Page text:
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The aim of this study was to analyze how Russian-speaking journalists perceive their professional roles and tasks. The professional qualities and abilities that journalists and their employers value highly were surveyed as well. It was also analysed if the education of journalists does have an influence on their professional roles’ perception and job’s satisfaction. The analysis of the questionnaires and the interviews-in-depth has shown that mainly Russian-language journalists view their professional roles: - to forward information to the audience quickly; - to help people to be guided in social-political events; - to promote expansion of the audience’s cultural outlook. As it turned out, Russian-speaking journalists from different age-groups have different concerns about the “Russian question”. Less than half journalists consider their role “for promoting integration into Estonian society within their audience” important. Only few journalists think that their professional tasks are to defend and protect the interests of ethnic minorities and to promote development of their national consciousness. This indicates that the majority of Russian-speaking journalists have adopted the role of an informer, whose main task is just to transfer accurate information to the public quickly. Russian-speaking journalists think that they cannot much influence the decisions of the Estonian political elite. It is also discovered that higher education in journalism does have an impact on how Russian-speaking journalists perceive their professional role. They meet less ‚technical‘ diffculties and have better professional skills and knowledge, but they still admit that sometimes they feel lack of knowledge about specific fields they have to cover. In general, the professional qualities that the journalists value most highly, match with those that the employers expect journalists to have (the ability to flexibly react to the changes in society, quickly grasp the core of the problem, wide knowledge of different areas of life etc). However, employers claim that Russian journalists are not good enough in providing themselves with a trustworthy network of sources (from the interview with Belobrovtsev V. 13.12.2004). Commercialization of the media influenced the level of journalists’ professionalism as well. Whereas before, during the Soviet regime, journalists faced strict requirements while preparing their article or broadcast, now the main demand for the journalist’s production is “how it sells”. Journalists from both the younger and older generation acknowledge this. But journalists from the younger generation are much more ready to accept this situation. But in every age-group there are a majority of those journalists who claim that level of professionalism has declined. This indicates that Russian-speaking journalists are ready to undertake some steps to improve the situation. Russian-speaking journalists try to follow ethical rules while working. Only a few are ready to break them because of an extra fee or the possibility to attract the audience’s attention. But at the same time 63% of journalists claim that it is possible to bribe Russian-speaking journalists. 33% of them point out the cases when Russian-speaking journalists have been bribed. This data indicates that the assumption that Russian-speaking journalists can receive bribes (as made above) is true. On journalists’ Russian-speaking media more often faces such ethical breakages as: - defamation or libel; - disclosure of confidential information; - concealment of important information from the audience; - publication of unchecked information; - breaking of the author’s rights; - publication of unilateral information; - deformation of information in some person/s’ interests; - lack of objectivity. The Estonian Journalists Union is not popular among Russian-speaking journalists. Only 23% of them are a member of this organization. But the journalists greatly need the support of a professional Union in several instances. For example, this Union’s representatives could take part in salary negotiations with journalists’ employers. Besides this journalists suggested a range of tasks that they wait for this Union to execute. In spite of low salaries the majority of Russian-speaking journalists are satisfied with their job. It indicates that besides the salary factor there are plenty of positive moments in journalists’ work that bring a feeling of satisfaction to them. Obviously Russian-speaking journalists have to work in difficult conditions. From one side their salaries are quite small, from another – there is a rigid competition among Russian- speaking journalists also the Russian media market in Estonia is unstable. According to this survey Russian-speaking journalists are willing to improve their professional level and attain new knowledge. The meaning of higher journalistic education has become much more important recently.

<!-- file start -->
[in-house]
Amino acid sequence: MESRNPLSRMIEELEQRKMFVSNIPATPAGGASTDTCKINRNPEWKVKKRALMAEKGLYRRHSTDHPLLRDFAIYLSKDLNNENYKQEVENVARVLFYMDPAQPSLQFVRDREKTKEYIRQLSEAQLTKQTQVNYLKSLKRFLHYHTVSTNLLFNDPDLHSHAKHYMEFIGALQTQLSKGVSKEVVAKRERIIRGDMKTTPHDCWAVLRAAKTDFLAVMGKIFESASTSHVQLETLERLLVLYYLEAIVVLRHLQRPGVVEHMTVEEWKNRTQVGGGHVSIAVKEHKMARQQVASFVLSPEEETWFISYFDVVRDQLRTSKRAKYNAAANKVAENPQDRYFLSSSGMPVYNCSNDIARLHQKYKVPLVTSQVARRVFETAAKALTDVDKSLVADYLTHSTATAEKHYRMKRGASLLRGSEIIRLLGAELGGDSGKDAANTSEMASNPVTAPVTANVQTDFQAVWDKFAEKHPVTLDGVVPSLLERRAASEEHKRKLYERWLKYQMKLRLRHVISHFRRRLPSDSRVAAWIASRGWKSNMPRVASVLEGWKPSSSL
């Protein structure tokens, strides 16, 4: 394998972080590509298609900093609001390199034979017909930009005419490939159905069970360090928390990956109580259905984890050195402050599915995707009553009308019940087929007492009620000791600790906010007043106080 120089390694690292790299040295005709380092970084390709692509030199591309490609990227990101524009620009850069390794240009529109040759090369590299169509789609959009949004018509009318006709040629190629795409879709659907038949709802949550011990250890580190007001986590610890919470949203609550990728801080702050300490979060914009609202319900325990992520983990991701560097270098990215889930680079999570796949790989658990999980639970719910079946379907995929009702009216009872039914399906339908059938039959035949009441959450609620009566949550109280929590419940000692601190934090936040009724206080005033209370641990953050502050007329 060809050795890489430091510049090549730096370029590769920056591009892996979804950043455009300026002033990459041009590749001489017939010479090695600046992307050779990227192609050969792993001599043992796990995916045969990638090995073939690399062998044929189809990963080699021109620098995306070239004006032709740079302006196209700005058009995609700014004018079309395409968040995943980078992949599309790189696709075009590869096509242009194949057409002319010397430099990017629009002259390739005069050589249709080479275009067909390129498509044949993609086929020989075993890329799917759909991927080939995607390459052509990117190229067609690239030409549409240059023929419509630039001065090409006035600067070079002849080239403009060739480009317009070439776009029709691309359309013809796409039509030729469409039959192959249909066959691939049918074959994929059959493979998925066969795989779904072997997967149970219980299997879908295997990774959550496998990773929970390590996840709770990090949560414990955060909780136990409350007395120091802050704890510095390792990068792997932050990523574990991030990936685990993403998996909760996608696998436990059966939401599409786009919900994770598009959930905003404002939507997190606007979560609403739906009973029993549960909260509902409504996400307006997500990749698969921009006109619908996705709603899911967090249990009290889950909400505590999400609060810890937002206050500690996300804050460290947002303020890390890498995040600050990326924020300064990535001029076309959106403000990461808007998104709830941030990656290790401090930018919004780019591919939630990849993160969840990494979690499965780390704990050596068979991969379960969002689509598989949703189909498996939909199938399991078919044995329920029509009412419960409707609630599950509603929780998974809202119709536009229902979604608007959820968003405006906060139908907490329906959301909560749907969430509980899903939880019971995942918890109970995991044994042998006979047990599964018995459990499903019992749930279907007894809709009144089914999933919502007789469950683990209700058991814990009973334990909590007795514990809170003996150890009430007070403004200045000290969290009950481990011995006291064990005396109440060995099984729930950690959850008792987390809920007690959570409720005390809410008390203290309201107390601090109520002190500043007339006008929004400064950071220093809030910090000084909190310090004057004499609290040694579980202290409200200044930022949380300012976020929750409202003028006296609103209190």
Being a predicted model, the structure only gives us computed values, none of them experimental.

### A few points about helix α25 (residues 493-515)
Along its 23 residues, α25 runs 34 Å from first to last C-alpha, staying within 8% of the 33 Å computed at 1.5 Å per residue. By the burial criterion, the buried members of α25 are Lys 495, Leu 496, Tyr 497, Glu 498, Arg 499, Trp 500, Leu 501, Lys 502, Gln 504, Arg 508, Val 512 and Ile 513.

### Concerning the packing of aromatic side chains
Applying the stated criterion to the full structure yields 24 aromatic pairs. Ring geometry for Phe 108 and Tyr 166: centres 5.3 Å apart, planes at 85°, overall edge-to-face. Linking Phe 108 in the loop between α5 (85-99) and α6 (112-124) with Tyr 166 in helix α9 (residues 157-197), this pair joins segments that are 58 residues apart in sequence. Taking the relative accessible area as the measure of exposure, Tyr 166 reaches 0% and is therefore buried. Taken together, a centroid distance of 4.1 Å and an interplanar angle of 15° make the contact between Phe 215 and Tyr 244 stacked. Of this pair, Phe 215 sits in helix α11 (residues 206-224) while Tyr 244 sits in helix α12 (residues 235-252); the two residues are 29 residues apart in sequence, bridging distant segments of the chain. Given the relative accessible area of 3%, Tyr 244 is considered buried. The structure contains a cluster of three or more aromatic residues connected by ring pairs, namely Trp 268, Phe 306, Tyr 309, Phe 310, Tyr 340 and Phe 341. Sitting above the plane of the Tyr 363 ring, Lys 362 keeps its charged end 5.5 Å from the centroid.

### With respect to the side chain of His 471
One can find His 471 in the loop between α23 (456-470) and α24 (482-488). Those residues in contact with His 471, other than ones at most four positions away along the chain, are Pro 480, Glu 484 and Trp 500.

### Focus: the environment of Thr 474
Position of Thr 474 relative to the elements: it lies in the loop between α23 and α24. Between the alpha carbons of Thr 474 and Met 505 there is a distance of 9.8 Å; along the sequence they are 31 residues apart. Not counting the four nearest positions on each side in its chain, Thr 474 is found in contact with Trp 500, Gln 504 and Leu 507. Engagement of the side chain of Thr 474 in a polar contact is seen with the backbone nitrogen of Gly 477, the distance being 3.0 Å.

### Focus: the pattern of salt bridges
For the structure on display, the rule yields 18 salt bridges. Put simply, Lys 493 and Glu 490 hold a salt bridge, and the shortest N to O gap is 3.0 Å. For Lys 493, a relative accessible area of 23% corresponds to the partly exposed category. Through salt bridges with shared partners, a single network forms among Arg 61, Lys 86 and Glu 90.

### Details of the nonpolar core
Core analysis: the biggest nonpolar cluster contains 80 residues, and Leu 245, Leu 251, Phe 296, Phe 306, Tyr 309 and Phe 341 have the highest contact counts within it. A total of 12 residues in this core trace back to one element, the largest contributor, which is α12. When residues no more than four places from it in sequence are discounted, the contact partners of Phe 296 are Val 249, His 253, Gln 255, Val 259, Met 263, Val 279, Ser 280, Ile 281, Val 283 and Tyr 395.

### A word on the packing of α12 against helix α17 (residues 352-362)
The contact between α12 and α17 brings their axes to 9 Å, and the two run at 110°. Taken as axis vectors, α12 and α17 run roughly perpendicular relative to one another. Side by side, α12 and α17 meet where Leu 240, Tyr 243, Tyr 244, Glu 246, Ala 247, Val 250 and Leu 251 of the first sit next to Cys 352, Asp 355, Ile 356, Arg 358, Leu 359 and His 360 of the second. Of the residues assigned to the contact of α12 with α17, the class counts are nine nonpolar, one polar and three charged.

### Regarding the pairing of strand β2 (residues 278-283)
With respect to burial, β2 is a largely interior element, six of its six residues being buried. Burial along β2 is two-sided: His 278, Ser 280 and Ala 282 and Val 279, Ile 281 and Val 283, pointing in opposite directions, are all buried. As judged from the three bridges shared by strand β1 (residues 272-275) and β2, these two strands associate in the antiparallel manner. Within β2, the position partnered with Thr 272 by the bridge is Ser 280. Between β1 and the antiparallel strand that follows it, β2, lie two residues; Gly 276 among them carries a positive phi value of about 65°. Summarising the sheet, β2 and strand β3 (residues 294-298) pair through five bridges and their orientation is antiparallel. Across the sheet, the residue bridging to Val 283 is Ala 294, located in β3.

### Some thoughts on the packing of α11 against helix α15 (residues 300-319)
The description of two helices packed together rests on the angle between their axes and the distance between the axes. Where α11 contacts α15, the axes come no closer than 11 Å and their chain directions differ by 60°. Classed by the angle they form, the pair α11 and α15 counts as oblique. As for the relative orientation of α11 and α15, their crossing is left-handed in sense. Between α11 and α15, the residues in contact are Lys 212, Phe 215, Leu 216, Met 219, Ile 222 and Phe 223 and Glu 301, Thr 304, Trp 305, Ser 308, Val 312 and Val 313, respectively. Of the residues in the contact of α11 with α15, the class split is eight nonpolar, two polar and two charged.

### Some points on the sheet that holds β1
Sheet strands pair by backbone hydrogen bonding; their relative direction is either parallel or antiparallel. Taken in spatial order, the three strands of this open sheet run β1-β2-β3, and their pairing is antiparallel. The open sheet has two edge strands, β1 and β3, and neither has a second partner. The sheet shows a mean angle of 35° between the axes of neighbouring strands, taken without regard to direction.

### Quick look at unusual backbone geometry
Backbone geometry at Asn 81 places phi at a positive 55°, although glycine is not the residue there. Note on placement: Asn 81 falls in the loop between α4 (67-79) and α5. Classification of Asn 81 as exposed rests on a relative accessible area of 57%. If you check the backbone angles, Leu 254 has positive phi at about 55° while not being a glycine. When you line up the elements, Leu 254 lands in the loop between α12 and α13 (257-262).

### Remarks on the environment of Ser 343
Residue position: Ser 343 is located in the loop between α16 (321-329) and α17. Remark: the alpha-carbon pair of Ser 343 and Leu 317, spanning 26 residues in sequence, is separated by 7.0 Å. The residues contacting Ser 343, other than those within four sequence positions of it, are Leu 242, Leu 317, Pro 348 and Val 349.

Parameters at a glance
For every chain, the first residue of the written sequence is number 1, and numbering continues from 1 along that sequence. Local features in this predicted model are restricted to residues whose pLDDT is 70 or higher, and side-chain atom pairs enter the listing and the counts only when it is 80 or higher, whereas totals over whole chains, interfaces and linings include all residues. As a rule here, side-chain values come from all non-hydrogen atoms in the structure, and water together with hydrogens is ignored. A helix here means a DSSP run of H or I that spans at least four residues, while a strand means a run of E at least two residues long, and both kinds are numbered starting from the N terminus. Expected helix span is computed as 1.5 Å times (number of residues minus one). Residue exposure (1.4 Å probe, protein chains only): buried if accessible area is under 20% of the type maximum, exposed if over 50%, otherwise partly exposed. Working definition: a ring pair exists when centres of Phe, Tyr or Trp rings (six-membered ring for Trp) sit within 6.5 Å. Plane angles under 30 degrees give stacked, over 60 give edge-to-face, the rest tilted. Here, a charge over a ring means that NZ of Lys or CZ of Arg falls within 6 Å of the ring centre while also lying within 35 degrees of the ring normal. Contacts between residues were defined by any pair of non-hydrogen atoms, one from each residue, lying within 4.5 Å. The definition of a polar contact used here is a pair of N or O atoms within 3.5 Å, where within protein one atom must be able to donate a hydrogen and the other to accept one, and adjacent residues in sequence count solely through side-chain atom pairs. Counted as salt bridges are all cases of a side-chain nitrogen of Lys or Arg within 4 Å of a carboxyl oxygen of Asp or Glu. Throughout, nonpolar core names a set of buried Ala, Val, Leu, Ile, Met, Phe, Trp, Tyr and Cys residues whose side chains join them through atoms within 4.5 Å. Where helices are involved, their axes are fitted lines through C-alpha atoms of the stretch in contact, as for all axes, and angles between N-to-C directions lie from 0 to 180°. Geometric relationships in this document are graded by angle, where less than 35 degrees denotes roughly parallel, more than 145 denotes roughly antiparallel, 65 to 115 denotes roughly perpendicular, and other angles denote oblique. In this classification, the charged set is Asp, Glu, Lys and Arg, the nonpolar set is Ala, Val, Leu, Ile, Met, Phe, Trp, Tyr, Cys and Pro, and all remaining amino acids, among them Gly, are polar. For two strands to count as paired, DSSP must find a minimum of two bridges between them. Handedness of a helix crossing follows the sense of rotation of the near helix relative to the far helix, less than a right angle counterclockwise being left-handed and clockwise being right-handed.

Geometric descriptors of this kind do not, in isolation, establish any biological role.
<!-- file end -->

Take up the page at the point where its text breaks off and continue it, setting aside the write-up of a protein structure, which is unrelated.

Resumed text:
H Social Sciences (General), magistritööd